That detail was, of course, the Baliset – the unusual musical instrument that's a particular favourite of Josh Brolin's warrior Gurney Halleck. While Villeneuve (and Hans Zimmer) gave us unexpected space bagpipes last time around, a scene shot for Dune in which Brolin's Halleck mournfully plucked at the Baliset's strings sadly ended up on the cutting room floor. But no more – speaking to Empire in our world-exclusive Dune: Part Two cover feature, the director confirms the Baliset is back, back, back in the follow-up. "The Gurney song survived Part Two!" he declares victoriously, the notion of bringing it to the screen clearly having played on his mind. "It became a weird priority for me. But Josh Brolin is a poet and we played it together. It was awesome."

Just, don't go expecting the Arrakis equivalent of the Eras Tour. Though there is one set of characters rather more attuned to the hedonistic life: those dastardly Harkonnens. "If there's a party somewhere that you want to attend, it's on [Harkonnen homeworld] Giedi Prime," Villeneuve laughs. "These guys know how to throw a party, but they are not meant to be on Arrakis. They hate the planet, they hate the people, they're just there for the money. That's where their weakness is." Sign us up for Gurney Halleck smashing Baron Harkonnen in the face with his Baliset, then. (That's official Dune canon, right?)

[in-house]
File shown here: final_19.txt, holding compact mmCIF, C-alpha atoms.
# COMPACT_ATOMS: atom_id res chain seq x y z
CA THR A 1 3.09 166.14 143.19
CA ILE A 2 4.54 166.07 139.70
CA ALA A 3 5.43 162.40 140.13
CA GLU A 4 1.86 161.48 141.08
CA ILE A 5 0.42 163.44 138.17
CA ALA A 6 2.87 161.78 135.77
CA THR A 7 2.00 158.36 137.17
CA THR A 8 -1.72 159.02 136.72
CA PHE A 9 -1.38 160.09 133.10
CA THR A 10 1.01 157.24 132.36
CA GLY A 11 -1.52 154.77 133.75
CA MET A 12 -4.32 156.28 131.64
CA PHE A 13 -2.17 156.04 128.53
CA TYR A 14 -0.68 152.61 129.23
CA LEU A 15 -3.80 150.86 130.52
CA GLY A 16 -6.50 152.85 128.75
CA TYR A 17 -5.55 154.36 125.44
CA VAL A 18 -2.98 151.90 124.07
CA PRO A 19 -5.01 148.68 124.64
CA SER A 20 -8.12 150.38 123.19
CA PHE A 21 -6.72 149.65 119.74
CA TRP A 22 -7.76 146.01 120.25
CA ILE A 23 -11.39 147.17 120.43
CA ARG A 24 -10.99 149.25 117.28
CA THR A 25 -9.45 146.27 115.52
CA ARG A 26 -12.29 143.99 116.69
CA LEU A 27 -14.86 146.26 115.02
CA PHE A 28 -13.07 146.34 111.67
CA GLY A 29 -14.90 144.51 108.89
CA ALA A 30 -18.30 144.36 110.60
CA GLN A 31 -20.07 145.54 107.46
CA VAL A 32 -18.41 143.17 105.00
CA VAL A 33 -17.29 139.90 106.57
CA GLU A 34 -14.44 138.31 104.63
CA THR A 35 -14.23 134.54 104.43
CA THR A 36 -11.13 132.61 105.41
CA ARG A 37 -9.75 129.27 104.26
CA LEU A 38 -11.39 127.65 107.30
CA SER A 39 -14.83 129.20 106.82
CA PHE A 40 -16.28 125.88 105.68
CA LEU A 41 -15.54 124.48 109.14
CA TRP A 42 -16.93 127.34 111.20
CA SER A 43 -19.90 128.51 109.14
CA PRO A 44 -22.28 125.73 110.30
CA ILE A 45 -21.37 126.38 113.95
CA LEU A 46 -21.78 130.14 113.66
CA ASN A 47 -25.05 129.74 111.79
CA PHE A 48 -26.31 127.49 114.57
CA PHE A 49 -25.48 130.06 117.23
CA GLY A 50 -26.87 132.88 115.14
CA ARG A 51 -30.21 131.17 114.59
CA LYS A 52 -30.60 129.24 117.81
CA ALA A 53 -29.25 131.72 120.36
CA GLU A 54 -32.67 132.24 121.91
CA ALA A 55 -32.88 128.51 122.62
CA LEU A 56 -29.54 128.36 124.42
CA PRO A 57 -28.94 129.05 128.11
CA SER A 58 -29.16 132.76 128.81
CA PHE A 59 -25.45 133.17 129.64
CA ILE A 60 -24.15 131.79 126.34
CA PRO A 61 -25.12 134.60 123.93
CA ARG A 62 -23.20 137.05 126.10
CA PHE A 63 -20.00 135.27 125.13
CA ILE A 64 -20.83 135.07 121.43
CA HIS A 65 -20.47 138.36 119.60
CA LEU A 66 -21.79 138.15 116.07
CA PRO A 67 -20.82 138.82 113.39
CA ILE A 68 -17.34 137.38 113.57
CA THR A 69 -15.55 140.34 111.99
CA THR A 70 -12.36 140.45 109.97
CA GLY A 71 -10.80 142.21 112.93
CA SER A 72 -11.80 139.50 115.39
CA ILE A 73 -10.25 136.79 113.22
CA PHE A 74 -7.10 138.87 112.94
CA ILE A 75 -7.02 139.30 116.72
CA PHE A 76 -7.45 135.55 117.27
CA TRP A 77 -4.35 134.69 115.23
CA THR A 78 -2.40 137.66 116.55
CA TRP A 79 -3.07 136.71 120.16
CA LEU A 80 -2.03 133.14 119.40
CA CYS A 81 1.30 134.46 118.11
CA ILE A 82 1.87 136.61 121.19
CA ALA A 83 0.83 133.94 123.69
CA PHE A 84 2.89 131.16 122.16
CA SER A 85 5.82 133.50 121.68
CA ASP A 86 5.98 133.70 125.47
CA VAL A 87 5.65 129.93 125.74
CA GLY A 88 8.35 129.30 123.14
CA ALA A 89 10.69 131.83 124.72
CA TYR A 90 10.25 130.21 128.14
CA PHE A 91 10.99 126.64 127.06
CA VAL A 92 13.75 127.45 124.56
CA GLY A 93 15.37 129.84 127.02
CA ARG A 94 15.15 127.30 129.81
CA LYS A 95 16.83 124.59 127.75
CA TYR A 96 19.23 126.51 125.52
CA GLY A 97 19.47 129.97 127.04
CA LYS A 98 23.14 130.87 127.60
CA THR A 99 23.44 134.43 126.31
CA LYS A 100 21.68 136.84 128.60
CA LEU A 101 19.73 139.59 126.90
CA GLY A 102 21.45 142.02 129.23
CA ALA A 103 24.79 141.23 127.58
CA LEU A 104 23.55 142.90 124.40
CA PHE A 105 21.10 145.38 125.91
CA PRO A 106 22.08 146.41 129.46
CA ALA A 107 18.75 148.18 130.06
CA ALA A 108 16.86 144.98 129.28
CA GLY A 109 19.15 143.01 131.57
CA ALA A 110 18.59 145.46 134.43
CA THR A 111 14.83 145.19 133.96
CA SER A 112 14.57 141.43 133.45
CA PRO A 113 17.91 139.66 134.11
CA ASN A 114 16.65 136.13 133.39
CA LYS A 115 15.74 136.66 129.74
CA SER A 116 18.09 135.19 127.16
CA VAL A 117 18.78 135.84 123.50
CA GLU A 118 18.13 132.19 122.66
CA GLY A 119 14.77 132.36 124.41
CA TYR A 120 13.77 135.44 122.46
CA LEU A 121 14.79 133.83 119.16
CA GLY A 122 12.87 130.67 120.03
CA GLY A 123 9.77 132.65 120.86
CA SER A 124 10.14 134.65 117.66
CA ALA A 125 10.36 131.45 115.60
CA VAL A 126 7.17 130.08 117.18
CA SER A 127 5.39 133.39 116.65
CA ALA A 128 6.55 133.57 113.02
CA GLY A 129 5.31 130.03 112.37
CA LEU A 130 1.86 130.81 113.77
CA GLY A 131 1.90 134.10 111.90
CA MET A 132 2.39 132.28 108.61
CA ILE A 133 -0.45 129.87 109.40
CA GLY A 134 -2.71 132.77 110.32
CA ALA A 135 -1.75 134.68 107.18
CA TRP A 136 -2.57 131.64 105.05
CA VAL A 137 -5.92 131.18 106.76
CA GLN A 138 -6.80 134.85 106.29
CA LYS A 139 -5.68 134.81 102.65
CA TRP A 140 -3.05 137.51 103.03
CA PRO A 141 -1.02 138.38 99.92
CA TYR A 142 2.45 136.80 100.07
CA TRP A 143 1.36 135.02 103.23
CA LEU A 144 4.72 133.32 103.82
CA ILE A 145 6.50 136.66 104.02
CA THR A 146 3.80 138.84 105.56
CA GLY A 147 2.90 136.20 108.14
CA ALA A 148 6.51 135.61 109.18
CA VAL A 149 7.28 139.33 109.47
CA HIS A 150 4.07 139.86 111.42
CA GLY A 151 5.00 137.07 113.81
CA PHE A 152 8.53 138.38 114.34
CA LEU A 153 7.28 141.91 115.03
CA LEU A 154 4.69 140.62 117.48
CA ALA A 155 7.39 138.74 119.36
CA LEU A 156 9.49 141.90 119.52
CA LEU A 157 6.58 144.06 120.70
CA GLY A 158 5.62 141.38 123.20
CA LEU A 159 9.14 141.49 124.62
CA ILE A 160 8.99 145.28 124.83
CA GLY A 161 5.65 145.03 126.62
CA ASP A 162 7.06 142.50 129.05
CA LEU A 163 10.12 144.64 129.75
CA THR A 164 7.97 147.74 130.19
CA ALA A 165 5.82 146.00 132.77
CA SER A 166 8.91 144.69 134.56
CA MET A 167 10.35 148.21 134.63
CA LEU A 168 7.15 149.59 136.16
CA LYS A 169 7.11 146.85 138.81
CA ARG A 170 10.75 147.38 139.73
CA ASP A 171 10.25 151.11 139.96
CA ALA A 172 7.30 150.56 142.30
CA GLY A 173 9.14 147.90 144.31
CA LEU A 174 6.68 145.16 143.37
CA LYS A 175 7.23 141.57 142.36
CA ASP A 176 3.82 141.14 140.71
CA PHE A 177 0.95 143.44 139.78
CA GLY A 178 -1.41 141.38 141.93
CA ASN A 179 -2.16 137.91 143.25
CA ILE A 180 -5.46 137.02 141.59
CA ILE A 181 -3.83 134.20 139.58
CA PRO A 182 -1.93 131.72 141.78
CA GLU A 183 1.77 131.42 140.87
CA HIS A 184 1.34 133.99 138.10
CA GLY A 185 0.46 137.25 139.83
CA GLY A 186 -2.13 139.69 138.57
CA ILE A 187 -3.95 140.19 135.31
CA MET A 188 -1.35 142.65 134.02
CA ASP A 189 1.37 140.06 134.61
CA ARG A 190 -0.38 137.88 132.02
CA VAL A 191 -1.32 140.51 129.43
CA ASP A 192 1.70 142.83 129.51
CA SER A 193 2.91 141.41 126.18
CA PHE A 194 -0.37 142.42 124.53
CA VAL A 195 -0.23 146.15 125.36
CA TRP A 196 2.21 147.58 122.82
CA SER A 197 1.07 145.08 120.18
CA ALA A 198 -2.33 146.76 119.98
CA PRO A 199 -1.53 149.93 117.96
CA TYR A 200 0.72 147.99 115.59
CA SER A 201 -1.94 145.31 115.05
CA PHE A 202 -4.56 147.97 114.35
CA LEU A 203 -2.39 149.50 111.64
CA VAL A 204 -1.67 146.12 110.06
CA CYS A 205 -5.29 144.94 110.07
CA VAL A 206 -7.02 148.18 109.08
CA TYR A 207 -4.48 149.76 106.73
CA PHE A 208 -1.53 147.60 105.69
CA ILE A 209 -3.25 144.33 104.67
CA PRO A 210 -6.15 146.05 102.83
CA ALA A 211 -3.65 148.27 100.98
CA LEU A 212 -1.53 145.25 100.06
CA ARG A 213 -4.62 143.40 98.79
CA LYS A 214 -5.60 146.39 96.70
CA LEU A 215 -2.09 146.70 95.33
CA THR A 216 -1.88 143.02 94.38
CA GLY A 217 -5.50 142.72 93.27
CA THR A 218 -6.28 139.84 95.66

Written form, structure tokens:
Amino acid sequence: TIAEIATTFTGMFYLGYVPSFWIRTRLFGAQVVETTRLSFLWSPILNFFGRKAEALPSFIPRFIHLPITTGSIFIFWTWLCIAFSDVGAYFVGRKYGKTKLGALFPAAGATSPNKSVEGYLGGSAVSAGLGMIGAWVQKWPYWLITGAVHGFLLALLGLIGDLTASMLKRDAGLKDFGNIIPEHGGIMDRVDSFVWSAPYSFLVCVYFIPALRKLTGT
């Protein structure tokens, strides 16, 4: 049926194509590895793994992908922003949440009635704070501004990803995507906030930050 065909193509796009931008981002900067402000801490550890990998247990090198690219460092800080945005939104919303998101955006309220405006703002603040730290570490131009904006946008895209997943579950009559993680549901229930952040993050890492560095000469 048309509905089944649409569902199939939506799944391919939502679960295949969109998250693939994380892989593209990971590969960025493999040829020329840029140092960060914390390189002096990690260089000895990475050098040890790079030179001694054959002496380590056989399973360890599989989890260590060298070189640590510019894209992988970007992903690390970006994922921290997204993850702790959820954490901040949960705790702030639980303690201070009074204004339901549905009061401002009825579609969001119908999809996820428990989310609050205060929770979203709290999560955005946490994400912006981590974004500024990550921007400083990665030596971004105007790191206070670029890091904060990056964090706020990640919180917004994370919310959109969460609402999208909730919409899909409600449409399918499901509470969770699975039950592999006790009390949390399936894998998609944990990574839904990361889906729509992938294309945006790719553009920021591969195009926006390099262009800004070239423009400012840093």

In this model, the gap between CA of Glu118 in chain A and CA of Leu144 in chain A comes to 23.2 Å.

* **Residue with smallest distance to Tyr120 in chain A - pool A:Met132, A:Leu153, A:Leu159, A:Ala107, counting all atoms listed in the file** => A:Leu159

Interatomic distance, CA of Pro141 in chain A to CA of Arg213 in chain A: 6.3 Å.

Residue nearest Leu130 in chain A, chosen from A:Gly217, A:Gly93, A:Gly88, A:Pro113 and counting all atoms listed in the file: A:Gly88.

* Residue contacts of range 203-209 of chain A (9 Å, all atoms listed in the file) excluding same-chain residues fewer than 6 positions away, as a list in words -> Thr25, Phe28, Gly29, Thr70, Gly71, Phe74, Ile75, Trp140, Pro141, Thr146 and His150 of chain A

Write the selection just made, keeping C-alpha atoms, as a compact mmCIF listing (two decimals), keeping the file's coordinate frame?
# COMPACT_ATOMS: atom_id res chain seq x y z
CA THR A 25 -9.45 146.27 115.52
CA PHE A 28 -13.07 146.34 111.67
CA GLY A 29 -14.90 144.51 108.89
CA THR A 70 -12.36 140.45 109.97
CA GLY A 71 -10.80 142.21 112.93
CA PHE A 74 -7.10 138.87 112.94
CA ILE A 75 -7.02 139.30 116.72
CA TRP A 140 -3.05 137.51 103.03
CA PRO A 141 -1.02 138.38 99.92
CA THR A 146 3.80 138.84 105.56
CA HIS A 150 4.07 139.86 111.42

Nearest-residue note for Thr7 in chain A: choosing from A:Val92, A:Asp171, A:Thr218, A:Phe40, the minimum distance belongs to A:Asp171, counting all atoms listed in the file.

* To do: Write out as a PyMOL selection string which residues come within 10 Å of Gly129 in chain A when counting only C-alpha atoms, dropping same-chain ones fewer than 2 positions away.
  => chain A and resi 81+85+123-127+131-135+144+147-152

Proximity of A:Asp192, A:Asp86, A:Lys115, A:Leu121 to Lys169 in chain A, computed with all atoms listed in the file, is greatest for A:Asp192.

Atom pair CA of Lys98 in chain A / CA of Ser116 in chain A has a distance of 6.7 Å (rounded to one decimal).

The Eighth Passenger

The Eighth Passenger

Those space bagpipes are actually very Lynchian.

Immortan Jonesy

Nightmare Asylum

Nightmare Asylum

Nightmare Asylum

Spoilery, official Part Two concept art:


The Eighth Passenger

The Eighth Passenger




 Dune Messiah will be a major downer plot-wise, but I would love to see it!




Nightmare Asylum

Nightmare Asylum

David Lynch's Original Dune Ending Would Have Been a Lot Weirder (and Better)
Before last-minute cuts to the special effects budget on David Lynch's Dune, the ending of the film was a lot more Lynchian.